cj#563> Review: INDEPENDENCE DAY (fwd/AR)


Richard Moore

Date: Mon, 19 Aug 1996
From: Joe Shea <•••@••.•••>
Subject: The American Reporter, No. 356
To: •••@••.•••

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Richard K. Moore
American Reporter Correspondent
Wexford, IrelaND

                            INDEPENDENCE DAY
                            Richard K. Moore
                     American Reporter Correspondent

        WEXFORD, Ireland -- We live in a world where the distinction between
screen and reality becomes more blurred every day.  With surround sound
and super-real special effects, one can can almost confuse what's been
seen on film with what one's actually experienced.  How much of our
"experience" of the world is really taken from film fiction?
        I remember on the day the U.S. invaded Grenada, the movie "Red
Dawn" was running at my local cinema house.  Perhaps the timing was
coincidence.  In any case, I wonder how many people came away from the
film with the attitude "Well, if Latino commies from the Carribean are
going to invade us in a first-run movie, then fair enough -- we'll invade
them on the evening news."
        And there was "Judge Dredd," released near the time that the U.S.
was taking over military leadership in Bosnia.  On screen, we had a
paralyzed world government, with brave, strong and good Stallone smashing
the evildoers with his invincible jet sled.  One can harldly imagine a
more direct and visceral symbolic characterization of American cruise
missiles smashing the Serb infrastructure following years of
well-publicized U.N. inaction in the region.
        Thus I approached "Independence Day" with curiosity about what
lessons it might seek to convey -- helping us folks to accept upcoming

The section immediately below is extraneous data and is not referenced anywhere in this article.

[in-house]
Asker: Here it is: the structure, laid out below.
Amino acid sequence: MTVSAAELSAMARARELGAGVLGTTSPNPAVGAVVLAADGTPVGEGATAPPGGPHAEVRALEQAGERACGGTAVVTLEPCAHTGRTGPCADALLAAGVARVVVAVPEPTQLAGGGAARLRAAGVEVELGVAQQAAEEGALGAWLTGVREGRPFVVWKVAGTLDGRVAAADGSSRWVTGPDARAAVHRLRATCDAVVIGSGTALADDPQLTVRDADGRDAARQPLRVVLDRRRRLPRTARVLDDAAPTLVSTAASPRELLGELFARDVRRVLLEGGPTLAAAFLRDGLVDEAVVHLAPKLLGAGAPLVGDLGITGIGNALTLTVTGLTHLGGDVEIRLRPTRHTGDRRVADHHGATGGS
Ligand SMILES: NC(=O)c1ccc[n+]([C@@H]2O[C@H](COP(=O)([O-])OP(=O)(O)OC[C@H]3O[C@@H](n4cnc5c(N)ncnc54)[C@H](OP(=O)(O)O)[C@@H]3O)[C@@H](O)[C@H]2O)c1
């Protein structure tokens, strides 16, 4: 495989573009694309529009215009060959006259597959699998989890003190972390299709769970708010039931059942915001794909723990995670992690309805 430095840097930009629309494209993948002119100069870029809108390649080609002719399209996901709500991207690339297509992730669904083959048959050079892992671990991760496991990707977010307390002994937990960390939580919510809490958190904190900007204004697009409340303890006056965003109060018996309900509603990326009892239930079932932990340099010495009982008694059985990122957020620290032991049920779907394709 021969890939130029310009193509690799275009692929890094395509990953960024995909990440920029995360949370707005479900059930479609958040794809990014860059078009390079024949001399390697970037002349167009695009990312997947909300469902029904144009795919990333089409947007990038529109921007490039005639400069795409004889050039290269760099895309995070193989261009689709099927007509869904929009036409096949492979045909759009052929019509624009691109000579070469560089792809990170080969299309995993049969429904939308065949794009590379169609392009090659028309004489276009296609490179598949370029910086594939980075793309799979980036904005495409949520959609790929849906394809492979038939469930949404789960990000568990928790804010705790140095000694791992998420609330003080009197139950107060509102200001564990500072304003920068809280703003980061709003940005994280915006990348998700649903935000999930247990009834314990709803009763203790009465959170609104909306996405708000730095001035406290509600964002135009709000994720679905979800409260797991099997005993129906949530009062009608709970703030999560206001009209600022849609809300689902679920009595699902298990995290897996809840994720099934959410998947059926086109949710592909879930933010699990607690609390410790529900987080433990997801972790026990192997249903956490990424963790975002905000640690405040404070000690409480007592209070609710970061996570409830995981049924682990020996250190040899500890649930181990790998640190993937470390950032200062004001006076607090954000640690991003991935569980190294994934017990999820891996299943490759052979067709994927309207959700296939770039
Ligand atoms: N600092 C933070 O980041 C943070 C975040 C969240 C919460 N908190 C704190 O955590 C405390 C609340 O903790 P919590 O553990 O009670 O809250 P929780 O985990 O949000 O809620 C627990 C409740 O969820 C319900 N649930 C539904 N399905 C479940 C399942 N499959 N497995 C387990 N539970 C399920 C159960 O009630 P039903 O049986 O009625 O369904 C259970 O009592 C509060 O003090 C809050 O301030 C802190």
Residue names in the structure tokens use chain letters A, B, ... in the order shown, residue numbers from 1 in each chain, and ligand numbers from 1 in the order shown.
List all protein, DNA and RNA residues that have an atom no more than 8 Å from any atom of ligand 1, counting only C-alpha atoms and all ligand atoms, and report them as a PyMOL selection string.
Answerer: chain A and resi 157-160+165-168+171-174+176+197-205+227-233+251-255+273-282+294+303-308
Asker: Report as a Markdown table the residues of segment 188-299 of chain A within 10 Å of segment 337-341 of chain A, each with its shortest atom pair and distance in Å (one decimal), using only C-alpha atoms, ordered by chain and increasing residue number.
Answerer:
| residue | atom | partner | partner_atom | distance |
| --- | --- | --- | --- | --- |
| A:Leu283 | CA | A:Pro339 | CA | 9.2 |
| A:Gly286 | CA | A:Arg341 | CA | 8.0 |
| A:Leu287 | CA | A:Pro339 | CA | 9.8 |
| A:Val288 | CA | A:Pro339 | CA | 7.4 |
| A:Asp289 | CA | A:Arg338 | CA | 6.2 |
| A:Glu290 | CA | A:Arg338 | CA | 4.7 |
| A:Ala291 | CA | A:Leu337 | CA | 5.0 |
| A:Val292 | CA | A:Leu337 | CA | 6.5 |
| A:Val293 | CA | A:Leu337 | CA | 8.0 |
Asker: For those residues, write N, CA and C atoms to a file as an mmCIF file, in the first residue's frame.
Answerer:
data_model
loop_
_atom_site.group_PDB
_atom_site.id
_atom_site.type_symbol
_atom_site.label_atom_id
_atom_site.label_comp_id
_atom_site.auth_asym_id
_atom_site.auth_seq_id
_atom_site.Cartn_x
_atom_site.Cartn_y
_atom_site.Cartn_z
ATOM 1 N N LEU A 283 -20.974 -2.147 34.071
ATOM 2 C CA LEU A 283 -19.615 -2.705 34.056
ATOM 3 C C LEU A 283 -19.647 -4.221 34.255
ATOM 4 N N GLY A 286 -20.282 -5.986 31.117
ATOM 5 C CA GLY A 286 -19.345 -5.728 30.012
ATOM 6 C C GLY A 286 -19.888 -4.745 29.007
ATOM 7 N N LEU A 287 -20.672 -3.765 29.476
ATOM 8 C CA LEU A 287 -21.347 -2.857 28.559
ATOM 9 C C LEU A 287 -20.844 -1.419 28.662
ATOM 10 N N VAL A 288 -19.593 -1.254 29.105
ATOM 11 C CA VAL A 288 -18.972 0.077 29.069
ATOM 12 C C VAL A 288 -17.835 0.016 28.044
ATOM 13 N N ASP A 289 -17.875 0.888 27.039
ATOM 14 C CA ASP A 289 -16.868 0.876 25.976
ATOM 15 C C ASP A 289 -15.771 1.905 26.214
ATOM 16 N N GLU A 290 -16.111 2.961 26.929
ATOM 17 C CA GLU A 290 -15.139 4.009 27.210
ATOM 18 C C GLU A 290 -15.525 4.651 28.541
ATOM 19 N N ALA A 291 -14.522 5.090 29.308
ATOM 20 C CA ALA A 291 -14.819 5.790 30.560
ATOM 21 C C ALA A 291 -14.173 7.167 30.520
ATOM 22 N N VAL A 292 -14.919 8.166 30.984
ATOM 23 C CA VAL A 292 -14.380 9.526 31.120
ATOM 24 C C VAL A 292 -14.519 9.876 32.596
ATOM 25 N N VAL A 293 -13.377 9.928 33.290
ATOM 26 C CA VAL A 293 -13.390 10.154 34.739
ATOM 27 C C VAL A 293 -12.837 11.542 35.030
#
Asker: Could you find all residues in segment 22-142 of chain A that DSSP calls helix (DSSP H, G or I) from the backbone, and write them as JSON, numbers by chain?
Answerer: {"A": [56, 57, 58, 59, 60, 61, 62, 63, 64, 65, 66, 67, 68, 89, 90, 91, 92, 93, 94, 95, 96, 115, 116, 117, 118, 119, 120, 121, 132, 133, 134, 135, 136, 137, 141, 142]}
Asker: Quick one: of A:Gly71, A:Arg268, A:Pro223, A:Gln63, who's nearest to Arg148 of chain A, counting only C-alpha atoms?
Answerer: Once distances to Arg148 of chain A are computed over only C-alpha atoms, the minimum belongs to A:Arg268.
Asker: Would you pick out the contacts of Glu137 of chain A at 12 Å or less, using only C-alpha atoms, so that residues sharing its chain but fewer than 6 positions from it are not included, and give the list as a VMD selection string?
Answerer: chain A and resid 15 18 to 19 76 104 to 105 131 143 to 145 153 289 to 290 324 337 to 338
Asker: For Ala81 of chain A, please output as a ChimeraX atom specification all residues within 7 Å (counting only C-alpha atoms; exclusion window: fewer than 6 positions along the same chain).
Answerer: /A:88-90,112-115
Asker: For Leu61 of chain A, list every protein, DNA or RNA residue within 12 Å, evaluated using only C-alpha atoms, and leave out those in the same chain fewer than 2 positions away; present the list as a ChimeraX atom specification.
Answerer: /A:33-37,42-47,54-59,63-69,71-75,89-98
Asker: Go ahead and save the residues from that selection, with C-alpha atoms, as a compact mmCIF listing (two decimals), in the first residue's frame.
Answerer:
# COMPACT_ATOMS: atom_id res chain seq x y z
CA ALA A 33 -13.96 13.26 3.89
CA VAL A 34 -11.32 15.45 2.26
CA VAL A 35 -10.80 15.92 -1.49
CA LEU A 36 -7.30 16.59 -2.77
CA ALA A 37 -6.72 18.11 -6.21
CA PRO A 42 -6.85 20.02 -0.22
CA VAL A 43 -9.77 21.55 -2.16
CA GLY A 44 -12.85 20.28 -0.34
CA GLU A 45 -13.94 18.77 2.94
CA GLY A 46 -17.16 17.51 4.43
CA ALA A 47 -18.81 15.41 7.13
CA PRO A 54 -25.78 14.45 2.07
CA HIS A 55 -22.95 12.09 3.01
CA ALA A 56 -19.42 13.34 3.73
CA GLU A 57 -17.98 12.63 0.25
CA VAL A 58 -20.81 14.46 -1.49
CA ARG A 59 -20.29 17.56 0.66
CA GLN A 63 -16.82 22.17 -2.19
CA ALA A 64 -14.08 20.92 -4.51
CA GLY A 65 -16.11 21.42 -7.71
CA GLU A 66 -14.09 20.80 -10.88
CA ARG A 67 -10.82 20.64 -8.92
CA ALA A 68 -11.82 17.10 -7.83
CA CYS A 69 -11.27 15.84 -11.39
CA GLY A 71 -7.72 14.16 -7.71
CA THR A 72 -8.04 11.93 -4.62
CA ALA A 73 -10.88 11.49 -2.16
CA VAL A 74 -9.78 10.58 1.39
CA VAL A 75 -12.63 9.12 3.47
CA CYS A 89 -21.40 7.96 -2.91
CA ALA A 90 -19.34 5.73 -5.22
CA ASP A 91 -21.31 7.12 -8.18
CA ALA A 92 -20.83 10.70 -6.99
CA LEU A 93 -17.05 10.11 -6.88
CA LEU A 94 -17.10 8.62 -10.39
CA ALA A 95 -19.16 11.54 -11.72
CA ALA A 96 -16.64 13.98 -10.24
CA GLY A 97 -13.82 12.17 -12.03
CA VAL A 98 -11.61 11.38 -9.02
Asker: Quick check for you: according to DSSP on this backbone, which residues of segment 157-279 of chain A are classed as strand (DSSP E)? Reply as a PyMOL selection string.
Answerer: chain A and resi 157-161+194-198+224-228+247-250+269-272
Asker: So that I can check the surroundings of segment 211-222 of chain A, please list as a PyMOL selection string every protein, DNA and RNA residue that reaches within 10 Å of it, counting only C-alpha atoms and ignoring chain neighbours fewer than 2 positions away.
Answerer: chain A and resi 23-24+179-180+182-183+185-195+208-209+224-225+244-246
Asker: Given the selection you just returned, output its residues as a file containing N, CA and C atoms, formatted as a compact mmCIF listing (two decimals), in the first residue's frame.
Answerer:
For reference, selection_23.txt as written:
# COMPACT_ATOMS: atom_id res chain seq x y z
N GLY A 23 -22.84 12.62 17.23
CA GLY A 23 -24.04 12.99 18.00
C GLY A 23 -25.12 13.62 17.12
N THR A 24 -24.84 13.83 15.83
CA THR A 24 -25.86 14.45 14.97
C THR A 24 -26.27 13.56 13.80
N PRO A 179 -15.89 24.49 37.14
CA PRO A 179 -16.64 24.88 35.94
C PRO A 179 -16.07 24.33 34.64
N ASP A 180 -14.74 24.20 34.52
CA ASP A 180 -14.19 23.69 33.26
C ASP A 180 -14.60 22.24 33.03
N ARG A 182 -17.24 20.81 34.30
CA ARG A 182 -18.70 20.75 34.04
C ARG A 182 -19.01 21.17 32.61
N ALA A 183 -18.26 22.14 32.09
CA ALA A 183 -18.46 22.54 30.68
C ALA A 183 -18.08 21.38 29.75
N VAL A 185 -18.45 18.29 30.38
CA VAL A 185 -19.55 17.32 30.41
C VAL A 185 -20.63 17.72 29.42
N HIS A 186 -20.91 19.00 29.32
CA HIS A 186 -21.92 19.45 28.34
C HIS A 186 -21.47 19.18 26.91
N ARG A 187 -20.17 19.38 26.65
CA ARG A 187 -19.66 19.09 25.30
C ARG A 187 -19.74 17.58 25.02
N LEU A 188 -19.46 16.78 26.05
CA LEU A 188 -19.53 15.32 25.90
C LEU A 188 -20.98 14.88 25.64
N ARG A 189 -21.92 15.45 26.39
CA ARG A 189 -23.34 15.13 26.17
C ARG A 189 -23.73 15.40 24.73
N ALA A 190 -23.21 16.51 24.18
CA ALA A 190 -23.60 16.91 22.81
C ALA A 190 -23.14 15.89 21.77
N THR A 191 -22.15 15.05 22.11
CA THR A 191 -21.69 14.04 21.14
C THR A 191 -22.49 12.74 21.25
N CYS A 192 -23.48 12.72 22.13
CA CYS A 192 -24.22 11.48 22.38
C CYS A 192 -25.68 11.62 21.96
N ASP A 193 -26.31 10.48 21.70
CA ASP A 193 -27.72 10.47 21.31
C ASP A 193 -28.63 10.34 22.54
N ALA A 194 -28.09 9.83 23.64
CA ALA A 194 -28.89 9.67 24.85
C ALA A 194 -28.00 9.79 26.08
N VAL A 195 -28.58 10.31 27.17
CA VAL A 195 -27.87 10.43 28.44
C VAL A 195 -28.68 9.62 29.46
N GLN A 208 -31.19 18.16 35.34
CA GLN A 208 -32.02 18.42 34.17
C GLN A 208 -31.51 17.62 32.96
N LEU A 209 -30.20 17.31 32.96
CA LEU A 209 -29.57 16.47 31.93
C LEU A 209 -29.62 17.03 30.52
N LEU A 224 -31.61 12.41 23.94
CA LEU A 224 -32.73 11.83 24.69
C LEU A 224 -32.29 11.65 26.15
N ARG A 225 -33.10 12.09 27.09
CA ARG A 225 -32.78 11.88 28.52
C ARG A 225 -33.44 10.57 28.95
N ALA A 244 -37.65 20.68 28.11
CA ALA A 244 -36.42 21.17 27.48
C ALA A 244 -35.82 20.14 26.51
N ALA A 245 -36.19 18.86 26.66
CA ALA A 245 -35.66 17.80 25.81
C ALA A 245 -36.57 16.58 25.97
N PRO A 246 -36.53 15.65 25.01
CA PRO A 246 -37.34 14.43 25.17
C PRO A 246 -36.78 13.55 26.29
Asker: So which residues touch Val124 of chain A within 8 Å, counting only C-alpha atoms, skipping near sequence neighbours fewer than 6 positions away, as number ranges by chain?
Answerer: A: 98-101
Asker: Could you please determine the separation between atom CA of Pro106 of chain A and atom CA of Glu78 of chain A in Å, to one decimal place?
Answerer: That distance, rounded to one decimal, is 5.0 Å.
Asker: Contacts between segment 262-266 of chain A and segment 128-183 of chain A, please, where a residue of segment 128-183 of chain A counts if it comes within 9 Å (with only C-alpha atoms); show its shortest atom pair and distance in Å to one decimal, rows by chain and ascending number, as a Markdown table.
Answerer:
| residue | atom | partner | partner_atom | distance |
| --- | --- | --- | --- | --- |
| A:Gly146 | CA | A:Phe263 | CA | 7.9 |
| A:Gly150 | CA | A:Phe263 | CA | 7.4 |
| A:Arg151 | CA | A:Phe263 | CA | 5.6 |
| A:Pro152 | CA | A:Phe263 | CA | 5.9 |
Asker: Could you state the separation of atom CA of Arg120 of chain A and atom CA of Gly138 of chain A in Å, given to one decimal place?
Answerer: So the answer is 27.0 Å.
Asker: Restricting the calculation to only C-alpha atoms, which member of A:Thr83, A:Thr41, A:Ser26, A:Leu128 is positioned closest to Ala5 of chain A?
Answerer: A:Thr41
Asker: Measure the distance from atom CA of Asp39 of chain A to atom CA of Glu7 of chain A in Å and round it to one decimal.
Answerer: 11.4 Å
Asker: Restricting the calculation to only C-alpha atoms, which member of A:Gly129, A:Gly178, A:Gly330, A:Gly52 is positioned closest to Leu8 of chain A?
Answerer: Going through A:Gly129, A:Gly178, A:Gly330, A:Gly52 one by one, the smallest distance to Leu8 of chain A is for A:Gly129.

world events.
        Perhaps most striking was the open appeal to people worldwide to
embrace and love a U.S.-led world system -- "You will all celebrate July
4th...!"  How poignant it was to see Iraqis, Israelis, and Chinese all
rallying to a battle cry raised by the heroic U.S. president -- to
vanquish the common foe.
        Led by an American president who had "found his strength", and
aided by American computer wizardry, the film shows us the world's ragtag,
multiracial millions becoming empowered to overcome all obstacles.  U.S.
movies have enjoyed world audiences for decades, but seldom has that fact
been so deftly exploited in the explicit content of cinema.
        Also carefully managed in the plot was the hesitant but necessary
escalation of armaments to the nuclear level.  Could this be explicit
psychological preparation for the announced U.S. contingency plan to use
nukes against Libya's alleged chemical-warfare plant?  It would be
difficult to imagine a more effective means of propagating such
preparation, nor could the timing have been arranged more precisely.
        Some of the lads down at the local pub want to see lots more
behind the film -- that it is preparing us for a to-be-staged alien
invasion.  But I've got no patience for crazy conspiracy theories...


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    Posted by Richard K. Moore  -  •••@••.•••  -  Wexford, Ireland
     Cyberlib:  www | ftp --> ftp://ftp.iol.ie/users/rkmoore/cyberlib